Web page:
Deputy President William Ruto is working on a two-pronged strategy to reap maximum benefit from parties affiliated to the United Democratic Alliance (UDA) associated with him.
By embracing the parties without demanding they dissolve to join UDA, and allowing them to field candidates in regions where they are considered strong, Dr Ruto hopes the competition will boost voter turnout that will also be to his advantage as the parties will be rallying behind his presidential candidature.
And this will also boost the chances of his alliance getting as many MPs as possible, a critical factor for any presidential candidate.
An insider in the DP’s camp revealed that whereas they are seeking to build UDA into a single popular national outfit, they will not coerce like-minded parties to merge, suggesting the party has bowed to pressure from affiliates to retain their identities.
Some of the fringe parties either have significant support in their various bases or would attract popular candidates for other seats and would benefit their presidential candidate where UDA might not have had a chance.
The Service Party
Some of the parties that are already working with the DP include The Service Party (TSP) of former Agriculture Cabinet Secretary Mwangi Kiunjuri, Chama Cha Mashinani of ex-Bomet Governor Isaac Ruto, Peoples Democratic Party (PDP) linked to former South Mugirango MP Omingo Magara and Migori Governor Okoth Obado as well as Peoples Empowerment Party (PEP) of Gatundu South MP Moses Kuria.
Others are Green Congress of Kenya led by former Rangwe MP Martin Ogindo as well as Citizen’s Convention Party (CCP) of Kisumu politician Grace Akumu.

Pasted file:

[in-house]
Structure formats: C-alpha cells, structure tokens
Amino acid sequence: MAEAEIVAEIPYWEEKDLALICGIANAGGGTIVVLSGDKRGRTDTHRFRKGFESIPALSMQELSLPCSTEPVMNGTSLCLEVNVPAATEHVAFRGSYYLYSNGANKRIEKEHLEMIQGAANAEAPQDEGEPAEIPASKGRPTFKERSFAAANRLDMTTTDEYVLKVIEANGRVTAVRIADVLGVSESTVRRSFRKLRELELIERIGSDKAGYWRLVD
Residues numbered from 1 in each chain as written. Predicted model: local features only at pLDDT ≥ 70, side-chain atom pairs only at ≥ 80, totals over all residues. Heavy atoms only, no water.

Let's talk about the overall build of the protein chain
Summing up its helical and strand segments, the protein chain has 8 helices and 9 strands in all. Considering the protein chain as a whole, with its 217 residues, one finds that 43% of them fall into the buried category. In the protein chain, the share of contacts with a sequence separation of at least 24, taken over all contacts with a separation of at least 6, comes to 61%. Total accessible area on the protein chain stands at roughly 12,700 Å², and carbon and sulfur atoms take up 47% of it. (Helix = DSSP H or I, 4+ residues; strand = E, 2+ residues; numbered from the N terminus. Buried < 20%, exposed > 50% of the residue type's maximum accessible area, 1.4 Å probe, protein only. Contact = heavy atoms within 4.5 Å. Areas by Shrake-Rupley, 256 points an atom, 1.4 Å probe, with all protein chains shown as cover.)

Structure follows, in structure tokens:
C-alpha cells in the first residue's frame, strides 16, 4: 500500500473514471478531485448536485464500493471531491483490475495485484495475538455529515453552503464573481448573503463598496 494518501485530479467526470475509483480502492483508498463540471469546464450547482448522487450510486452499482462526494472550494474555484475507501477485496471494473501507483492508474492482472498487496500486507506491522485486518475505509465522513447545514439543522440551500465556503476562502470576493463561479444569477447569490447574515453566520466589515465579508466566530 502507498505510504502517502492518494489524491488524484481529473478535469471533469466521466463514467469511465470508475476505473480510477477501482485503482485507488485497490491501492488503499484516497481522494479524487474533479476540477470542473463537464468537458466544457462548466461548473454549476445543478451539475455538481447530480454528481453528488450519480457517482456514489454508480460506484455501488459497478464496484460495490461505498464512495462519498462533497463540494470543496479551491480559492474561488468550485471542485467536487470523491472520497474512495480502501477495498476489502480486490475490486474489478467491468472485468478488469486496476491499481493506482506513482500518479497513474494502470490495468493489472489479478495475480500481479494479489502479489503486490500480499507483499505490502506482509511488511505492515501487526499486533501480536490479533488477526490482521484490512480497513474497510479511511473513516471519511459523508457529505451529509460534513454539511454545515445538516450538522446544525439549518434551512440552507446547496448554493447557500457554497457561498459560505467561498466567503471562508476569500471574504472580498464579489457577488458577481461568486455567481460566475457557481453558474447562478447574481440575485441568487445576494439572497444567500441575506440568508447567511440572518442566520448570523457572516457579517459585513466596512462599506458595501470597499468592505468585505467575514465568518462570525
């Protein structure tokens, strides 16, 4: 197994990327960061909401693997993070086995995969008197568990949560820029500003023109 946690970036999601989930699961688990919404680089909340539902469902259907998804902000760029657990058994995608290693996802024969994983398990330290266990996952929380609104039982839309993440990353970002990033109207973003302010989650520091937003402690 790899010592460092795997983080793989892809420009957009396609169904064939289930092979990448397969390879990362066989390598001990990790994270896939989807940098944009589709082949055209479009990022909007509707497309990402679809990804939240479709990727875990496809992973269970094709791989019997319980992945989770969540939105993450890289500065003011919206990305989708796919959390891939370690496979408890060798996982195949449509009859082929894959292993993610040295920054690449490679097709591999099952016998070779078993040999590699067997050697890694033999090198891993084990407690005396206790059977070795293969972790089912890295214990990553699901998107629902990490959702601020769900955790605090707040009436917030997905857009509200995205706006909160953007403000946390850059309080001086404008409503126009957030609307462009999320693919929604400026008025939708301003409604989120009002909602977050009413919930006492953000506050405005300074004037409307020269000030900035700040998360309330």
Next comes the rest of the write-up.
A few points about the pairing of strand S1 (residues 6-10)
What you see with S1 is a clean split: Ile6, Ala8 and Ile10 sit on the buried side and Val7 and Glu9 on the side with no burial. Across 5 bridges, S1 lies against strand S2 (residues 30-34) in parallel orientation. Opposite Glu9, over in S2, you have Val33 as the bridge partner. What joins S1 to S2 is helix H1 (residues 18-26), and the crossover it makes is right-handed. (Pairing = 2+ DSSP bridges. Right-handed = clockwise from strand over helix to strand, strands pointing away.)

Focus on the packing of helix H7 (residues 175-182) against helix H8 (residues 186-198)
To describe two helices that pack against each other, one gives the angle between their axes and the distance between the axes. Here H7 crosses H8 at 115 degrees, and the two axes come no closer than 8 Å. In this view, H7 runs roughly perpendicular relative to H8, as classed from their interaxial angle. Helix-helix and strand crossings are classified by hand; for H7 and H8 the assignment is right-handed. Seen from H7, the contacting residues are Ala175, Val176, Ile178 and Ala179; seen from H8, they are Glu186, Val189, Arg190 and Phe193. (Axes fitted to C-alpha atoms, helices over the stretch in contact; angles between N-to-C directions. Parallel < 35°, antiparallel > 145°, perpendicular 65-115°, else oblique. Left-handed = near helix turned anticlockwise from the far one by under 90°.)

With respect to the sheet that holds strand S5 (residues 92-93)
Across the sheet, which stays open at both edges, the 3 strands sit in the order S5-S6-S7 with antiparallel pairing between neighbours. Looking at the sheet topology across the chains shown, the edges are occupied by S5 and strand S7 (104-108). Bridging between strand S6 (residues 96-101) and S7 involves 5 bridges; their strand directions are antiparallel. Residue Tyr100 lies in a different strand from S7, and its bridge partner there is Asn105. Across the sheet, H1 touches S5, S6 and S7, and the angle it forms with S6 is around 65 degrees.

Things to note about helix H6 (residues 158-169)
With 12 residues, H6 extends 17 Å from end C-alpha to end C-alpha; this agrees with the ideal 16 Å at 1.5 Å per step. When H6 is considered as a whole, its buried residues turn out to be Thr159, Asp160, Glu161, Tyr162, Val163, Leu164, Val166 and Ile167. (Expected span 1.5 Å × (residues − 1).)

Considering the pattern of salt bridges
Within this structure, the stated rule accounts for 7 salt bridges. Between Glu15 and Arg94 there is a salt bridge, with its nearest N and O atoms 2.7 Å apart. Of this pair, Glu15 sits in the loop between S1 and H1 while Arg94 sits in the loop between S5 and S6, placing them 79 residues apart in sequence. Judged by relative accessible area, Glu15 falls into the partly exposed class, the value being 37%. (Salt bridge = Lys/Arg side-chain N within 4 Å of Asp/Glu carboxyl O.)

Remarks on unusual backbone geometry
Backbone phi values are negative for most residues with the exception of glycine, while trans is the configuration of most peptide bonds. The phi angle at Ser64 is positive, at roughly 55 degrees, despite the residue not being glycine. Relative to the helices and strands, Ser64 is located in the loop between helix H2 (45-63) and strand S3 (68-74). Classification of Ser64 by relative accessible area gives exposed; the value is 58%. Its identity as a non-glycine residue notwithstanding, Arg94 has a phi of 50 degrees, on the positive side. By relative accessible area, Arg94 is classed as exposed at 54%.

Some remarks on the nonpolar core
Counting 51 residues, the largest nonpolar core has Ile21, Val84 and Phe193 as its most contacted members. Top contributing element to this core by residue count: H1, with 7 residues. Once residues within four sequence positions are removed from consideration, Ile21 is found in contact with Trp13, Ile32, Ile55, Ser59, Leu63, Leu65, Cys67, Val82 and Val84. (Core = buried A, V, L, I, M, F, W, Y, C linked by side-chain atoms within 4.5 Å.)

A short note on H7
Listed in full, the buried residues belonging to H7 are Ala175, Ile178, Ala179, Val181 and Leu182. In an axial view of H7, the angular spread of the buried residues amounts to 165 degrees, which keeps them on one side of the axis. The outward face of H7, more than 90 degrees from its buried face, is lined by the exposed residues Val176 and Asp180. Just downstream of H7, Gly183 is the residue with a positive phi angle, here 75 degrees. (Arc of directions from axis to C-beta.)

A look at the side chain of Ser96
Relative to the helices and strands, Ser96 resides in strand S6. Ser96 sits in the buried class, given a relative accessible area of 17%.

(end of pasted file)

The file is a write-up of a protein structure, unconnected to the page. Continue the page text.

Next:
These fringe parties often offer alternative vehicles for popular candidates for governor, MP and MCA seats shortchanged by main parties.
“We want to build UDA to be the most popular party in the country but we don’t also want to lose our partners as they are key in certain regions and we hope they will help us gain traction in those areas for the sake of the 2022 elections,” the source said.
The DP, it seems, wants to avoid the hustle of pushing for a merger given most of the affiliate parties instead prefer to have a coalition with UDA.
“I support Ruto, but I will not join UDA because I am in TSP,” Mr Kiunjuri who is said to be angling for a running mate post in the DP camp said recently.
This new turn of events now means that the DP, who was the biggest advocate of merging of parties to form one strong monolith in the run up to the 2017 election, has changed strategy to work with parties with no intention to dissolve their outfits.
Already, the feud over the Kiambaa parliamentary by-election where Gatundu South MP Moses Kuria’s PEP was forced to withdraw from the race to back UDA’s John Wanjiku is a reflection of the fights that Dr Ruto will have had to contend with if he takes the Nasa 2017 route instead of the Jubilee 2017 path, that saw the folding of 12 parties to form Jubilee party
UDA secretary general Veronica Maina dismissed fears of divisions in the hustler nation.
“All these sister parties of UDA are very clear on the presidential candidate they are supporting and they also have their own aspirations which is acceptable because we are in a democratic state. PDP and PEP will continue running their agenda, compete with us,” she said in Eldoret when she met 2022 UDA aspirants drawn from Nandi, Uasin Gishu, Elgeyo Marakwet, Trans Nzoia, West Pokot, Turkana and Baringo.
In what suggests the height of the UDA dilemma, Ms Maina said the party had resolved to allow its affiliate parties to field in certain areas where those outfits are strongest—a potential landmine in the upcoming primaries for the 2022 polls.
“We usually have certain arrangements that in certain areas there is a party which is stronger than the other hence will team up and work together to achieve a common agenda of lifting mwananchi to a better economic level,” said Ms Maina, who had guided the Jubilee 2016 merger process when she was the secretary general before shifting alliances.
Yesterday, Ms Maina said UDA had no plans to push for the merger of the parties supporting the DP.